Saussure’s concept of meaning applied to translation from French into English. Igbo and Kalabari languages of Malot’s Sans Famille


Chimmuanya Pearl Ngele (1) & Priye E. Iyalla-Amadi (2)

(1) Department of Foreign Languages and Literary Studies, University of Nigeria, Nsukka &
(2) Department Of French and International Studies, Ignatius Ajuru University of Education, Rumuolumeni, Port Harcourt, Nigeria, &




Translation can be said to be an exercise based on a tripartite comprehension: that of the text, the original author and the reader of the translated text. In translating therefore, an attempt is often made to create a text that would be comprehensible to the target reader. To effectively do this, several factors are considered, one of which is culture, especially in literary texts where culture is richly presented. A literary translator must therefore reproduce not just language but also culture. An illustration of this can be found in the translation of Hector Malot’s Sans Famille, from French to English, Kalabari and Igbo. To adapt the translated version to the various target audiences, the cultural elements of the original French text have been replaced with those of the target languages but with the semantic content intact. This is known as cultural appropriation, an application of the semio-pragmatic theory. This theory affirms Saussure’s structural linguistics thereby applying structuralism to translation.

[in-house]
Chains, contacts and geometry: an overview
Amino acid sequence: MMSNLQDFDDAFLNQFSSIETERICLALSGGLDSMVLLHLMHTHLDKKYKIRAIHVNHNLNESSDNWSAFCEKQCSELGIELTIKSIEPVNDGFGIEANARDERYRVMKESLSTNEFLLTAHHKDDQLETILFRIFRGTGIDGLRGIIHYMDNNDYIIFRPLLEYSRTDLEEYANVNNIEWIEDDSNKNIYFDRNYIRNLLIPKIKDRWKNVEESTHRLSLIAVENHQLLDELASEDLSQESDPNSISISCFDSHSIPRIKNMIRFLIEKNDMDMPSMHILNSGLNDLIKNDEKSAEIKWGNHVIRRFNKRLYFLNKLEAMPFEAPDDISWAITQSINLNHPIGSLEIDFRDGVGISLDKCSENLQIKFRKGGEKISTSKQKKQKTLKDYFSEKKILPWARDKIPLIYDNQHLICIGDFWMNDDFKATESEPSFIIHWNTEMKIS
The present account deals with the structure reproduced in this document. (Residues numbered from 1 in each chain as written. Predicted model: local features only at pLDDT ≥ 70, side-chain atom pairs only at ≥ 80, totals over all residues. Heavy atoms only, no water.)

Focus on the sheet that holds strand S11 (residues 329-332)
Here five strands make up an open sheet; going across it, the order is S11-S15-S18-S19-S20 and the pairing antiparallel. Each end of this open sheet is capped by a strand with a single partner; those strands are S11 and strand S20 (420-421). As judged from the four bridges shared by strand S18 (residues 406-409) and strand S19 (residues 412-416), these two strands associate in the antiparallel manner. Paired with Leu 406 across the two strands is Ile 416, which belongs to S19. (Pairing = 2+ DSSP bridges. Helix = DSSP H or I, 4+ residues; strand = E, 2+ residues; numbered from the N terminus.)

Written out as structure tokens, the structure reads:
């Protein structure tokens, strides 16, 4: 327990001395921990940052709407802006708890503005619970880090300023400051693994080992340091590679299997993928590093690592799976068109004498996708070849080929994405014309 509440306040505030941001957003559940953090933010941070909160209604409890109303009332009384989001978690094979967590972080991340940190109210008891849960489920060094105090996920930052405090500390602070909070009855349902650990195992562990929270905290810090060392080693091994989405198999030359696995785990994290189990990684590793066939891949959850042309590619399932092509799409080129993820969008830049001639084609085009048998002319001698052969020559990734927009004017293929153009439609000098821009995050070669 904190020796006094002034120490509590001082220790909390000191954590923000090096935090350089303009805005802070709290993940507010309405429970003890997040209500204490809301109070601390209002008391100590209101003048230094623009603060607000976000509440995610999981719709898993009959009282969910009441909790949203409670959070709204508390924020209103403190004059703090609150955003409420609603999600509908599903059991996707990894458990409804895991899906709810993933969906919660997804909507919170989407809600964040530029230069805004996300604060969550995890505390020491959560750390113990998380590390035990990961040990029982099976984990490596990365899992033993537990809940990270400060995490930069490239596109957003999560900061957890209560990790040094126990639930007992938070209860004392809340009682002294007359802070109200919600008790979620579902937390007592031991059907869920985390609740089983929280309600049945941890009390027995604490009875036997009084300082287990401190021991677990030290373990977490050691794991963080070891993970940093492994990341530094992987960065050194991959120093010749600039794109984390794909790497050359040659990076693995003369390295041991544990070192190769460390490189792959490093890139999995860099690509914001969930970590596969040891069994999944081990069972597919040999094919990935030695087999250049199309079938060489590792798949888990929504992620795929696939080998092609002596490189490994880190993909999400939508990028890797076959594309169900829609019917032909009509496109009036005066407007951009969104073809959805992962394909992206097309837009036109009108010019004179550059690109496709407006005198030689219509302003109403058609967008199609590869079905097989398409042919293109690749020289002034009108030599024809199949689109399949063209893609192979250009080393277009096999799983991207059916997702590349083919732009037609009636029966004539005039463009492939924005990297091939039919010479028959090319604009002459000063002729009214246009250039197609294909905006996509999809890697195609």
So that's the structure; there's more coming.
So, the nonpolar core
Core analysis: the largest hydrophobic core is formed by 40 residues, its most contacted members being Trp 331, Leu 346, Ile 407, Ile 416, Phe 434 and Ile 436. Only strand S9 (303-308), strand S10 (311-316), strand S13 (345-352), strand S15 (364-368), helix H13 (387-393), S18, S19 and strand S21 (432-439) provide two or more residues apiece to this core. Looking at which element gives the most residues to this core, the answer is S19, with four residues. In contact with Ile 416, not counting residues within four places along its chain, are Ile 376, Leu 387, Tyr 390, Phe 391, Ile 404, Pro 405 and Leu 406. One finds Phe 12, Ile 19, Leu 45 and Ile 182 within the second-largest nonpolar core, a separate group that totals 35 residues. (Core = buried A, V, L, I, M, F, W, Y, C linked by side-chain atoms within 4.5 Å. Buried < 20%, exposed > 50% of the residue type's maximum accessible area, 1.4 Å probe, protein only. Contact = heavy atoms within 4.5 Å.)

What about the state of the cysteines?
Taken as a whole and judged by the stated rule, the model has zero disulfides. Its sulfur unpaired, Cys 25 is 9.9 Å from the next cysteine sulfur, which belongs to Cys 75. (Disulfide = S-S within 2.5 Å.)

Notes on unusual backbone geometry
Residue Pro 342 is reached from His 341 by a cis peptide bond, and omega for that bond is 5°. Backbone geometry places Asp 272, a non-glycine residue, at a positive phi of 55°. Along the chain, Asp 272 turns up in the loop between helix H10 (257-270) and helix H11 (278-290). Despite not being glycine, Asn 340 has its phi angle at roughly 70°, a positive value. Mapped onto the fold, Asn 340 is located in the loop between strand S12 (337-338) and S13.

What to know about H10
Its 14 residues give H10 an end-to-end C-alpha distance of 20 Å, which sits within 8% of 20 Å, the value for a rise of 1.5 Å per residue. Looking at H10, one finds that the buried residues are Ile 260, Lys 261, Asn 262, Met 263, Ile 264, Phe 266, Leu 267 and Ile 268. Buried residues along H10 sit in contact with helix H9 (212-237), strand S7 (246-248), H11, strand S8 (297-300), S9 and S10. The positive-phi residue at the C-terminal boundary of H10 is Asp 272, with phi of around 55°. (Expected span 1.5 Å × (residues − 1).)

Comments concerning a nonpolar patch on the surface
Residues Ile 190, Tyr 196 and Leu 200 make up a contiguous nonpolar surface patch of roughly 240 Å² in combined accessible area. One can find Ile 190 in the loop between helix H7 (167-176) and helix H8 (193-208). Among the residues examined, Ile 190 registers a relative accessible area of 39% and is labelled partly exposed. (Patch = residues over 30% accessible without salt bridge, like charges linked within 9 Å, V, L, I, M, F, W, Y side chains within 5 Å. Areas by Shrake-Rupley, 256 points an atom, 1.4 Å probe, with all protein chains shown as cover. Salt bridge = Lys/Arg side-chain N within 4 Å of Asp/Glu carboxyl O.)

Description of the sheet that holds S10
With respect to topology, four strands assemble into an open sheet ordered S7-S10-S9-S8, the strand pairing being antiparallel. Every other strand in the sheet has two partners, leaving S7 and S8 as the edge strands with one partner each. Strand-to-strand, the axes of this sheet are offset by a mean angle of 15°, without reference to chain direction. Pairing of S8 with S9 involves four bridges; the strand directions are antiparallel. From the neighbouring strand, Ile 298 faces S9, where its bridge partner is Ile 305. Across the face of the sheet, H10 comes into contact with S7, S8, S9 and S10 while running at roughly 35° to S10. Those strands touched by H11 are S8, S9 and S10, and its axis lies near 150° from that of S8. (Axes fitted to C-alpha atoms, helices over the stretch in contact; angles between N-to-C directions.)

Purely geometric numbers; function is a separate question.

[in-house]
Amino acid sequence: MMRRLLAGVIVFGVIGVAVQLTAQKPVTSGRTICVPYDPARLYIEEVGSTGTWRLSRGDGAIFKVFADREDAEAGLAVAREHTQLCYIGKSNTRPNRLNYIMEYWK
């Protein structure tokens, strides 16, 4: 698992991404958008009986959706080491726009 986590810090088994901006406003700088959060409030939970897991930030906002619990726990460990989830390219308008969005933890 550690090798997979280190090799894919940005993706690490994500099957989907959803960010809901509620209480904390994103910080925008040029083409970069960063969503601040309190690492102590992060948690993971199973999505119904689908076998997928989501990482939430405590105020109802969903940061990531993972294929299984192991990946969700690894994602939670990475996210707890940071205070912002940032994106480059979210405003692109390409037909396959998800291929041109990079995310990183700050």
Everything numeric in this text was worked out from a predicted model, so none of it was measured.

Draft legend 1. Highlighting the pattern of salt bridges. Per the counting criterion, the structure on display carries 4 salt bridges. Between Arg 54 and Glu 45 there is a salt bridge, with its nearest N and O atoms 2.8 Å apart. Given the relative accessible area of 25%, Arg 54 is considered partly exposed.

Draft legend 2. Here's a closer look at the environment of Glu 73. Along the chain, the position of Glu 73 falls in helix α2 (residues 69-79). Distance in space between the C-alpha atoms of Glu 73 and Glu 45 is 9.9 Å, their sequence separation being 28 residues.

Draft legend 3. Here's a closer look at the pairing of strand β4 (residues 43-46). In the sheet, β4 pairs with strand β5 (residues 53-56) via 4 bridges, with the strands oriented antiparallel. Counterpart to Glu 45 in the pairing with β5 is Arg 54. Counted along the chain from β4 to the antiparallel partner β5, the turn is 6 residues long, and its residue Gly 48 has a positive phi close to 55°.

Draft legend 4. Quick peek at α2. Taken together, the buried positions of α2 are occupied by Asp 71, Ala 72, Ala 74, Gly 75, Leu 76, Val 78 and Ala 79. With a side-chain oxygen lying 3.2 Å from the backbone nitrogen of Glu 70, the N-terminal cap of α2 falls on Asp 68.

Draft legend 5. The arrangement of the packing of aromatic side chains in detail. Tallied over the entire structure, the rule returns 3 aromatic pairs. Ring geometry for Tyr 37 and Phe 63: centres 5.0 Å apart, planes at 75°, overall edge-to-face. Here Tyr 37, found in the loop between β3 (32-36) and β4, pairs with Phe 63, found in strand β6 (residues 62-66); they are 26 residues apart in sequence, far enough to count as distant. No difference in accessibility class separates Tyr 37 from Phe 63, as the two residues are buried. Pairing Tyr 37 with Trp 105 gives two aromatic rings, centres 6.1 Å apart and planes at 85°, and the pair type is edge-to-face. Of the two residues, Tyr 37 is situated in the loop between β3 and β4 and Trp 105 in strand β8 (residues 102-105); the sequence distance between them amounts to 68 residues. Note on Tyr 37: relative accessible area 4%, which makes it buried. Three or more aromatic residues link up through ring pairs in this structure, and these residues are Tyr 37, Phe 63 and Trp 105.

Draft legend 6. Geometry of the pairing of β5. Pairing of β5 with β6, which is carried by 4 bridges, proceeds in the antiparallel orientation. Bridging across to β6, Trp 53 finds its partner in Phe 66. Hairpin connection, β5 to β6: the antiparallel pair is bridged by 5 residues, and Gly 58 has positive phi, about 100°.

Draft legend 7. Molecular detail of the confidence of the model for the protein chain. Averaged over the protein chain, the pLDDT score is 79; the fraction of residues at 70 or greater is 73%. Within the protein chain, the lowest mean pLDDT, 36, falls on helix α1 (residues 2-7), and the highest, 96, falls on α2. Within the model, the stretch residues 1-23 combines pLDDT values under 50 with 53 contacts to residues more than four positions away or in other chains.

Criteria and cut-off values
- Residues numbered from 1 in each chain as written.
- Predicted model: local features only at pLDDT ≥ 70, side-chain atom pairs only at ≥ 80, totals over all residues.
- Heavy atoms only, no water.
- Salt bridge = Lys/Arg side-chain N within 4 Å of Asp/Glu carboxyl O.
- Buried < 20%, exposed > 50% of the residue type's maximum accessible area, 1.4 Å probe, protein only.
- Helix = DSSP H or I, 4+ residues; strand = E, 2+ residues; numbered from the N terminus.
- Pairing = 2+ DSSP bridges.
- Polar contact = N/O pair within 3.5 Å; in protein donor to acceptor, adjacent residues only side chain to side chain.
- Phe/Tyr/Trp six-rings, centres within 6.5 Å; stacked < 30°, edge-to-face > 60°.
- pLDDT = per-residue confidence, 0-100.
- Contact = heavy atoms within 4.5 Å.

Keywords: culture; appropriation; literary text; meaning; structural linguistics


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